WC-NG is Subversion's name for an entirely new working copy library. We have a new design, and we're incrementally rebuilding the library towards this new design. Due to stringent backwards-compatibility requirements, and the complexity of the system, we cannot simply "rewrite from scratch". This effort is the current focus of our upcoming 1.7 release, and it will provide a Subversion client that will be vastly faster, much more robust and capable, and provide a solid foundation for new features.

In future posts, I'll provide some more detail about WC-NG's design (and how the original WC was broken). I also want to talk about a couple of these new features that will be implemented upon this new foundation. Stay tuned!

Monday, March 29, 2010

Version Control

Last week, I spent some time in NYC with friends of mine talking about Subversion. The conversion focused around the long-term vision and roadmap. I'll post more on that soon, along with some specific ideas on how I'd like to build some features that other version control (VC) systems have demonstrated as useful and demanded by users.

For this post, I wanted to share a discussion document written by Martin Fowler. This is one of the best, level-headed comparisons between Subversion, Git, and Mercurial. I believe these are the Big Three VC systems that the industry will be using over the next decade, and to see a useful discussion, absent of rhetoric, is very encouraging.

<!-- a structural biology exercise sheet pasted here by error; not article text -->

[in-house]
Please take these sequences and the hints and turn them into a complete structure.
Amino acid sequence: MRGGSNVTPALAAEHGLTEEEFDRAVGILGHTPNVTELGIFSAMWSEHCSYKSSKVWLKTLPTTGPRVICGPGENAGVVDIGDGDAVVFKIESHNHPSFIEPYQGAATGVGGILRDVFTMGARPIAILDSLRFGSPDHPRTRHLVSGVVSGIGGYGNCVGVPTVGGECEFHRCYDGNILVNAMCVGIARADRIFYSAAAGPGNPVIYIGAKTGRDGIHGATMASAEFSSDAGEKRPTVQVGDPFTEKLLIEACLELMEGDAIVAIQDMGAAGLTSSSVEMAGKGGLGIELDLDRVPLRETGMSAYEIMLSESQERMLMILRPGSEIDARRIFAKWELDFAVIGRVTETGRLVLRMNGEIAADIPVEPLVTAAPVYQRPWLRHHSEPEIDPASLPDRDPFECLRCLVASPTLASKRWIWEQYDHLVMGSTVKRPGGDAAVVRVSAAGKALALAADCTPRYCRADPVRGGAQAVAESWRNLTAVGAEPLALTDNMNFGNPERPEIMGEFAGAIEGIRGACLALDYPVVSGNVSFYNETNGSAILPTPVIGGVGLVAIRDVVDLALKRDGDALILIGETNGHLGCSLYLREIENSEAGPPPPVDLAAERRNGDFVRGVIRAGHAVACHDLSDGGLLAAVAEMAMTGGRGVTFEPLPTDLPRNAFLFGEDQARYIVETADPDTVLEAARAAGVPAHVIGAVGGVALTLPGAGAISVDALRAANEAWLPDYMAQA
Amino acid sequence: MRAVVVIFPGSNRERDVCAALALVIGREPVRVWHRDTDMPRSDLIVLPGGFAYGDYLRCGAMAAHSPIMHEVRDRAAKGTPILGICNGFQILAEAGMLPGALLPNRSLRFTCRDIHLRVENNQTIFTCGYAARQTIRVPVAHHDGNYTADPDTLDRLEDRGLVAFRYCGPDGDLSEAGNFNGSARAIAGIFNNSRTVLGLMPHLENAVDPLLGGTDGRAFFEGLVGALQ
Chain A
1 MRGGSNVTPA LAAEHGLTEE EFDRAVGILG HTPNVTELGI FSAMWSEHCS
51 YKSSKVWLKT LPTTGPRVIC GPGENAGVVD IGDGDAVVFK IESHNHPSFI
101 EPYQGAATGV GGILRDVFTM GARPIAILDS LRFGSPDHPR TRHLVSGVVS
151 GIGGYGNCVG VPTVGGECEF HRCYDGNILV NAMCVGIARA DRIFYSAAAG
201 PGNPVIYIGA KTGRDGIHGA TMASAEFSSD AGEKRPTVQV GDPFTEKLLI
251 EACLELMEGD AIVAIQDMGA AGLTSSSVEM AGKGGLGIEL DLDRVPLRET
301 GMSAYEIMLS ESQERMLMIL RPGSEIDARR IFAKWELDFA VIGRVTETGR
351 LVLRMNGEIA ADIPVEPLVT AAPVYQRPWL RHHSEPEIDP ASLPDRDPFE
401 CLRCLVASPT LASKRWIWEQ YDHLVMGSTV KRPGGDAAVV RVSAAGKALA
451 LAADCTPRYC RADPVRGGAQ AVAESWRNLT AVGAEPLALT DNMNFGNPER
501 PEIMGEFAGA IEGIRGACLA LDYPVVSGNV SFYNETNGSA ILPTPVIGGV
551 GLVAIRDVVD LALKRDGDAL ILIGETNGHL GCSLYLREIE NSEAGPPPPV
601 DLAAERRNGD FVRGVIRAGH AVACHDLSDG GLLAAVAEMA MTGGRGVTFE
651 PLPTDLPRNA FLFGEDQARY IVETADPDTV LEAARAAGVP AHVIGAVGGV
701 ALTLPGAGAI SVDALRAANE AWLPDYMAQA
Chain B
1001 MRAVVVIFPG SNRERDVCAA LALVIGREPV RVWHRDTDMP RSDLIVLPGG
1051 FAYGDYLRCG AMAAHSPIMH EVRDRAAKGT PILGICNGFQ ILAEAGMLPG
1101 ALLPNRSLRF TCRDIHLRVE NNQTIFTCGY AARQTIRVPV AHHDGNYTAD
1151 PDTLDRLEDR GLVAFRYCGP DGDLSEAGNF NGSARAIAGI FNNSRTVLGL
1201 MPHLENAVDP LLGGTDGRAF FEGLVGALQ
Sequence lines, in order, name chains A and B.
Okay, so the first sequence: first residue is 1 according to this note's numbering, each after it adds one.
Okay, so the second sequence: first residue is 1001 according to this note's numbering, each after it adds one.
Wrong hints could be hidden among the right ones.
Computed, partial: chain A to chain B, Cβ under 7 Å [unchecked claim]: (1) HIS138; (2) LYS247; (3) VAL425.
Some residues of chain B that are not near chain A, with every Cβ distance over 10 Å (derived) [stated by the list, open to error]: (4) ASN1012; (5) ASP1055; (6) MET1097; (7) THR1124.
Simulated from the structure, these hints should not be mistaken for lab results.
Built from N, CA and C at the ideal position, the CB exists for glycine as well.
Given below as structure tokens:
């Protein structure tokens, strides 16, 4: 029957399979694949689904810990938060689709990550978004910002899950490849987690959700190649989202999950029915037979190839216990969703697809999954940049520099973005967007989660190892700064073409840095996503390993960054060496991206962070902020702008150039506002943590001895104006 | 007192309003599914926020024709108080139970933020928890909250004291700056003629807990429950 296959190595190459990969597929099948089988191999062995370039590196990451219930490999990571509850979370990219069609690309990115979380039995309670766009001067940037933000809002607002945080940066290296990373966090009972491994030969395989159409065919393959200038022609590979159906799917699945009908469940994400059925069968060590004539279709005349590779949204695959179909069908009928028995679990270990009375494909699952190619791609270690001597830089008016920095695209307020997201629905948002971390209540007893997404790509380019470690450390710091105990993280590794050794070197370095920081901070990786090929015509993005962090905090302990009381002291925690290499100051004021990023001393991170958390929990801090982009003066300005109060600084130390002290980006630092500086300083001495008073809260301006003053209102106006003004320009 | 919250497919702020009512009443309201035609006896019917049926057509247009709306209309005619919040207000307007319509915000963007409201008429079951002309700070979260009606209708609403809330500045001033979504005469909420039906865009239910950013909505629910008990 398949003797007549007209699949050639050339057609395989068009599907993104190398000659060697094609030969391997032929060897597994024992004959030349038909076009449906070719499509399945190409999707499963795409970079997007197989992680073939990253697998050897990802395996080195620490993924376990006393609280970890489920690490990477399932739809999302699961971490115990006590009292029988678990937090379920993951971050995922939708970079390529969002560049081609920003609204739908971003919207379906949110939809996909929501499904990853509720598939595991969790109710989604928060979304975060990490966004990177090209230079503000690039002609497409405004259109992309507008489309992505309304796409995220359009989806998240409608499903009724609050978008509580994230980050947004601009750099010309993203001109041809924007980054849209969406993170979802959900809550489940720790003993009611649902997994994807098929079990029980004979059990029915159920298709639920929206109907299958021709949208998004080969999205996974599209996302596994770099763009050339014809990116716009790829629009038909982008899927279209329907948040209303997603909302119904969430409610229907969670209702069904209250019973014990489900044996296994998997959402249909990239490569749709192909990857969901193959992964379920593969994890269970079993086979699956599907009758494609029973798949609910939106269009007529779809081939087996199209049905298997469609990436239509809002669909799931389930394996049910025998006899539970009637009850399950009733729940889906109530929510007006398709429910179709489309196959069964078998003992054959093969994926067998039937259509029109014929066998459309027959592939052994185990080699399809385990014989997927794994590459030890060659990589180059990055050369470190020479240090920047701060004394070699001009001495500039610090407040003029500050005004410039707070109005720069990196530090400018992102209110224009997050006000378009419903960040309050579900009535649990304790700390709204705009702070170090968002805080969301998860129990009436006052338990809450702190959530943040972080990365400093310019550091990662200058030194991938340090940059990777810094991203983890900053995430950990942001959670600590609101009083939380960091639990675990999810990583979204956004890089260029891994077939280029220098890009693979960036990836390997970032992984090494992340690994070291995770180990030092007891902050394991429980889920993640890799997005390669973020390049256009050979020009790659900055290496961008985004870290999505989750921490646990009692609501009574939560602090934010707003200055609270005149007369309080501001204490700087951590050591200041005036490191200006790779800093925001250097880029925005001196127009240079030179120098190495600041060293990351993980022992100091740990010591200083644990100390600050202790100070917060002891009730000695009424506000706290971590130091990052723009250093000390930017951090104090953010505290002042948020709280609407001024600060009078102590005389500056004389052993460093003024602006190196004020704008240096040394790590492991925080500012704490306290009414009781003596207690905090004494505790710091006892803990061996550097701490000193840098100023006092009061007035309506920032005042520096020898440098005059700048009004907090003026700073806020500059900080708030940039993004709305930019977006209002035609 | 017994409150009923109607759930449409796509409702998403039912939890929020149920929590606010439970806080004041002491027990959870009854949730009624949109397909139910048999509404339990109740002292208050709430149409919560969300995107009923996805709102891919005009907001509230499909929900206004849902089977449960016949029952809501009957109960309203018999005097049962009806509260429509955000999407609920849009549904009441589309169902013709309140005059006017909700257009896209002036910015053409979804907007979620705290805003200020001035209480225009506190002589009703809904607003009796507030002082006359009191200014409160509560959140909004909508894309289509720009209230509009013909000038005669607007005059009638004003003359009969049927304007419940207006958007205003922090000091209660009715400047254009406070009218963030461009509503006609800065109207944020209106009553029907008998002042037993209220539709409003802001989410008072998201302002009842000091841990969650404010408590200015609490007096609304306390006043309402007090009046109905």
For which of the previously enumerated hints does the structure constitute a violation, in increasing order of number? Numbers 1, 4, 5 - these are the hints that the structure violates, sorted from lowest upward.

Monday, March 15, 2010

Are Insurers the real Bad Guys?

"In 2009, the largest 14 insurers had profits of roughly $9 billion; that approached 0.4 percent of total health spending of $2.472 trillion. This hardly explains high health costs." -- Robert J. Samuelson, Washington Post.

"the five largest health-insurance companies racked up combined profits of $12.2 billion, up 56 percent over 2008" -- Noam N. Levey, The Seattle Times.

Which is right? But then again... who cares? Either value is small compared to the total costs (given by Samuelson, and Wikipedia). So why ostracize and penalize insurers? They're just the middlemen. What am I missing?

My belief is that a lack of cost/value/benefit feedback is the basic problem. There is no pricing-pushback from the consumer, so the prices escalate without control. (you ever see the prices for toothbrush, toothpaste, or slippers in a hospital stay?) We've seen similar problems with higher education where financial aid covered "any" gap between ability to pay, and the amount requested, so the schools simply requested more.